Hatewatch

Details Emerge On Accused Louisiana Klan Killer's History


Raymond “Chuck” Foster (right), the Ku Klux Klan leader who was arrested yesterday for killing a woman following a backwoods Klan initiation ritual, has a history of Klan activity dating back at least to January 2001.

Foster, 44, was the founding Imperial Wizard, or national leader, of the Southern White Knights of the Ku Klux Klan, a Klan faction that formed on January 1, 2001, in Watson, La.


During the next three years, the group developed chapters in three other states while maintaining a low profile with the exception of a single incident in 2003 when a White Knights official in Ohio, Jeremy Parker, drew attention by posting instructions for making a pipe bomb on the Internet in response to a Martin Luther King, Jr. Day celebration. "Sure would hate to see anything happen," he wrote.


In 2004, the Southern White Knights had active chapters in Savannah, Ga., Homosassa Springs, Fla., and Marion, Ohio, as well as the founding chapter, which by that time had relocated to Denham Springs, La.


The Southern White Knights disbanded in early 2005. Most of its members–not including Foster—resurfaced later that year as the Empire Knights of the Ku Klux Klan, a relatively large Klan group that currently has nine active chapters in eight states, none of them in Louisiana.


The woman Foster allegedly murdered, identifed by police as 43-year-old Cynthia C. Lynch, was apparently recruited over the Internet to join Foster’s latest Klan group. Today’s media accounts of this rapidly developing story have variously identified that group as the Dixie Brotherhood and/or the Sons of Dixie.


Hatewatch is unaware of any Klan group by either of those names operating anywhere in the country.


However, last year a new Klan group calling itself the Dixie Rangers Knights of the Ku Klux Klan formed in Walker, La., about 80 miles from the rural scene of the alleged murder.


It’s unclear at this point if the Dixie Rangers and the Dixie Brotherhood/Sons of Dixie are one and the same.



Law enforcement officials said that Lynch took a bus from her home near Tulsa. Okla., to Slidell, La., where two members of the “Dixie” Klan group picked her up last Friday and transported her to a campground near the Pearl River. At least eight members of the Klan group were present, including Foster.

After a series of rites including the shaving of her head, the Klan members took Lynch to a camp on a sandbar that was accessible only by boat. There the initiation continued. St. Tammany Sheriff Jack Strain told the Times-Picayune the rituals on the sandbar consisted of lighting torches and “running around in the woods.”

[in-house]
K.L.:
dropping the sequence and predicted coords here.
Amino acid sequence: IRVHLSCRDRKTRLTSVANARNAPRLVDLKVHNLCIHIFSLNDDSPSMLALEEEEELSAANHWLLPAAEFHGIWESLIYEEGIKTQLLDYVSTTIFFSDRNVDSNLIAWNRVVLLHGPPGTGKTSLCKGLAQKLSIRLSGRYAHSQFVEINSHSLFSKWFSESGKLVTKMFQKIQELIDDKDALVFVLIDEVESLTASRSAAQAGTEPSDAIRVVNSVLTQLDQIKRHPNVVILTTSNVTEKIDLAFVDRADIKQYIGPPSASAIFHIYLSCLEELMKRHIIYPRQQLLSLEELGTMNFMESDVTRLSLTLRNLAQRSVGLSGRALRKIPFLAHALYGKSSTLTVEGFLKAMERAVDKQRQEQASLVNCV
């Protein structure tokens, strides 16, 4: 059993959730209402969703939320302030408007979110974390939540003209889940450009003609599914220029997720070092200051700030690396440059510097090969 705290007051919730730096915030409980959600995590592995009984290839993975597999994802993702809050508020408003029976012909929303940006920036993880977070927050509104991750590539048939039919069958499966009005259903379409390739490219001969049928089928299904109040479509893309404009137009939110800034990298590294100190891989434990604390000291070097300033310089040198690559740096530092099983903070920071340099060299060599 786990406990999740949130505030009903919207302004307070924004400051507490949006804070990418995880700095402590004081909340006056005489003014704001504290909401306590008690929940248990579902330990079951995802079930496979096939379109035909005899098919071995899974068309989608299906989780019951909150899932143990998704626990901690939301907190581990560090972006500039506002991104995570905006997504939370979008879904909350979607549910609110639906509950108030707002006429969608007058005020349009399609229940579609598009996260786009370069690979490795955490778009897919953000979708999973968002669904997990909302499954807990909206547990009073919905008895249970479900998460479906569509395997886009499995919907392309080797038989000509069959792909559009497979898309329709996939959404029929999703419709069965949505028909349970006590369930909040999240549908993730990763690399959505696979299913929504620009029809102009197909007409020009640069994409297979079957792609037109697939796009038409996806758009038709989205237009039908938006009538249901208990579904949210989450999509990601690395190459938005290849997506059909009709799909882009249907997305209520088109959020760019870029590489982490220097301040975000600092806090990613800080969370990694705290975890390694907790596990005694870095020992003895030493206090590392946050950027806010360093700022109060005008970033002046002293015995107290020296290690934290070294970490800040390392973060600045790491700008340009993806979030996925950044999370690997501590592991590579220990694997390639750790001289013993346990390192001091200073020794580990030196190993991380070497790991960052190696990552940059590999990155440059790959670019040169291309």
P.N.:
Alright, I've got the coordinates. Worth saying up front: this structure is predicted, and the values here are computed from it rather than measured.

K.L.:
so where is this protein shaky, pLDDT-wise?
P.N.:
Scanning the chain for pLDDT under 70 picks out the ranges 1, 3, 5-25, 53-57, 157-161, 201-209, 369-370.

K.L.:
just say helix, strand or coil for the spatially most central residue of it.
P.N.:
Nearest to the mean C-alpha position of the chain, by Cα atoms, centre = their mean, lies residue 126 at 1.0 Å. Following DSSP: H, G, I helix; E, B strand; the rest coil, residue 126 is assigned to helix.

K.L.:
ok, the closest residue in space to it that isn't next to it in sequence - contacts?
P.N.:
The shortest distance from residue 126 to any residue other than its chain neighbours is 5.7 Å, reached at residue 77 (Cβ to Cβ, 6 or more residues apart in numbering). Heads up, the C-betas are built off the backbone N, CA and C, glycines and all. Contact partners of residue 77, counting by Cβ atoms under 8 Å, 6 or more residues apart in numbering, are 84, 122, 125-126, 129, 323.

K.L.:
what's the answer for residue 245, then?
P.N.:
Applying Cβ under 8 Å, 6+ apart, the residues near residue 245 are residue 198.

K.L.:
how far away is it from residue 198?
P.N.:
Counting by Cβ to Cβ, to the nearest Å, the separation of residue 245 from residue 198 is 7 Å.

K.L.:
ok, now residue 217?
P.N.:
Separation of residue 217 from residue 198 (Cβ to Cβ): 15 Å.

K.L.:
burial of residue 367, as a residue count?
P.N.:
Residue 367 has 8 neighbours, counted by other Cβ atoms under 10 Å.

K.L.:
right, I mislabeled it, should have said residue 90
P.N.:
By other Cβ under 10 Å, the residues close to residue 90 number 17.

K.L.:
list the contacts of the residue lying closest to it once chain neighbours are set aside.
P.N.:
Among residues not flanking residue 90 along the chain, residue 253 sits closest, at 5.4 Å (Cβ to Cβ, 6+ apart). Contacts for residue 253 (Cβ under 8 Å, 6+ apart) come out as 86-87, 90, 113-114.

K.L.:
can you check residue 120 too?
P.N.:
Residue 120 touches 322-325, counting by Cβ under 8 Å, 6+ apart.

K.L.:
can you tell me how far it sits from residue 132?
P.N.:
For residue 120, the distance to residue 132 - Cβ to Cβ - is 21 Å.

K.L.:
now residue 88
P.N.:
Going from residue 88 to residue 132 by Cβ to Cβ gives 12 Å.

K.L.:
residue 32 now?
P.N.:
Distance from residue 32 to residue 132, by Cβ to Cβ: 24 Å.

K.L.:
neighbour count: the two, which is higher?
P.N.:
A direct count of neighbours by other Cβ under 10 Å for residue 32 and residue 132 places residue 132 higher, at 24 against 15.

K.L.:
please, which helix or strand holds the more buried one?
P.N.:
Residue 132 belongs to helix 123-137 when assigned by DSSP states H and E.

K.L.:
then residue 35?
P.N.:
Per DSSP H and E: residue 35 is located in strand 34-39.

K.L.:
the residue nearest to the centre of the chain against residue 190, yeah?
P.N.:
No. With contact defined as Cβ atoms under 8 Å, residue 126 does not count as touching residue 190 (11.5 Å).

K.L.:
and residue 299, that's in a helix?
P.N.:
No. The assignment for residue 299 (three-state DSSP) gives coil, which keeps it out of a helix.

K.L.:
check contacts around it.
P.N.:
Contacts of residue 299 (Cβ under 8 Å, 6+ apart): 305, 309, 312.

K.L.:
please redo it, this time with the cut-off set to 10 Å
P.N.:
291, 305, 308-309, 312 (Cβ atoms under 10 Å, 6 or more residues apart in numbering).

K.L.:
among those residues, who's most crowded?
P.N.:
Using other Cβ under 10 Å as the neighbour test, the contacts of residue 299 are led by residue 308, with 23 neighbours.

By Sunday night, Lynch had reportedly changed her mind about joining the Klan and wanted to leave the camp. This sparked an argument with Foster, who allegedly pushed her down and killed her with a single shot from a .40 caliber handgun.

According to Strain, Foster tried to dig the bullet out of Lynch's body with a knife before ordering his followers to set fire to her belongings and get rid of her body.

The next morning, Foster’s son, Shane Foster, 20, and another member of the Klan group, Frank Stafford, 21, asked a convenience store clerk in nearby Bogalusa if he knew how to remove bloodstains from clothes. The clerk, who recognized the men, alerted to local sheriff’s office.

Following a rapid investigation, St. Tammany Parish deputies raided the campsite, arresting five Klan members who had fled into the woods. The elder Foster, who initially escaped, turned himself in later that day.

At the campsite, investigators found weapons, Confederate battle flags, KKK banners, five rank-and-file white Klan robes, and one black Imperial Wizard robe. They found Lynch's corpse in a weedy ditch about a half-mile from the sandbar.

Chuck Foster has been charged with second-degree murder. His son, along with Stafford and five other Klan members—Random Hines, 27; Danielle Jones, 23; Alicia Watkins, 23; Timothy Michael Watkins, 30; and Andrew Yates, 20—were charged with obstruction of justice.

Although the alleged murder of the Oklahoma woman is the first reported murder of a prospective Klan member during an initiation ceremony, it’s not the first reported shooting or other serious injury. Klansmen, flames, guns and alcohol is a volatile mixture.

For example, on Nov. 23, 2004, a member of America’s Invisible Knights of the Ku Klux Klan was accidentally shot in the head during an initiation ritual that involved a prospective member being strung from a tree with a noose around his neck, standing on his tiptoes, while Klansmen shot him with paintball guns. The accidental shooting occurred when one of them decided to scare the initiate (who survived) by firing a real gun in his direction, and a wayward paintball altered the shooter’s aim.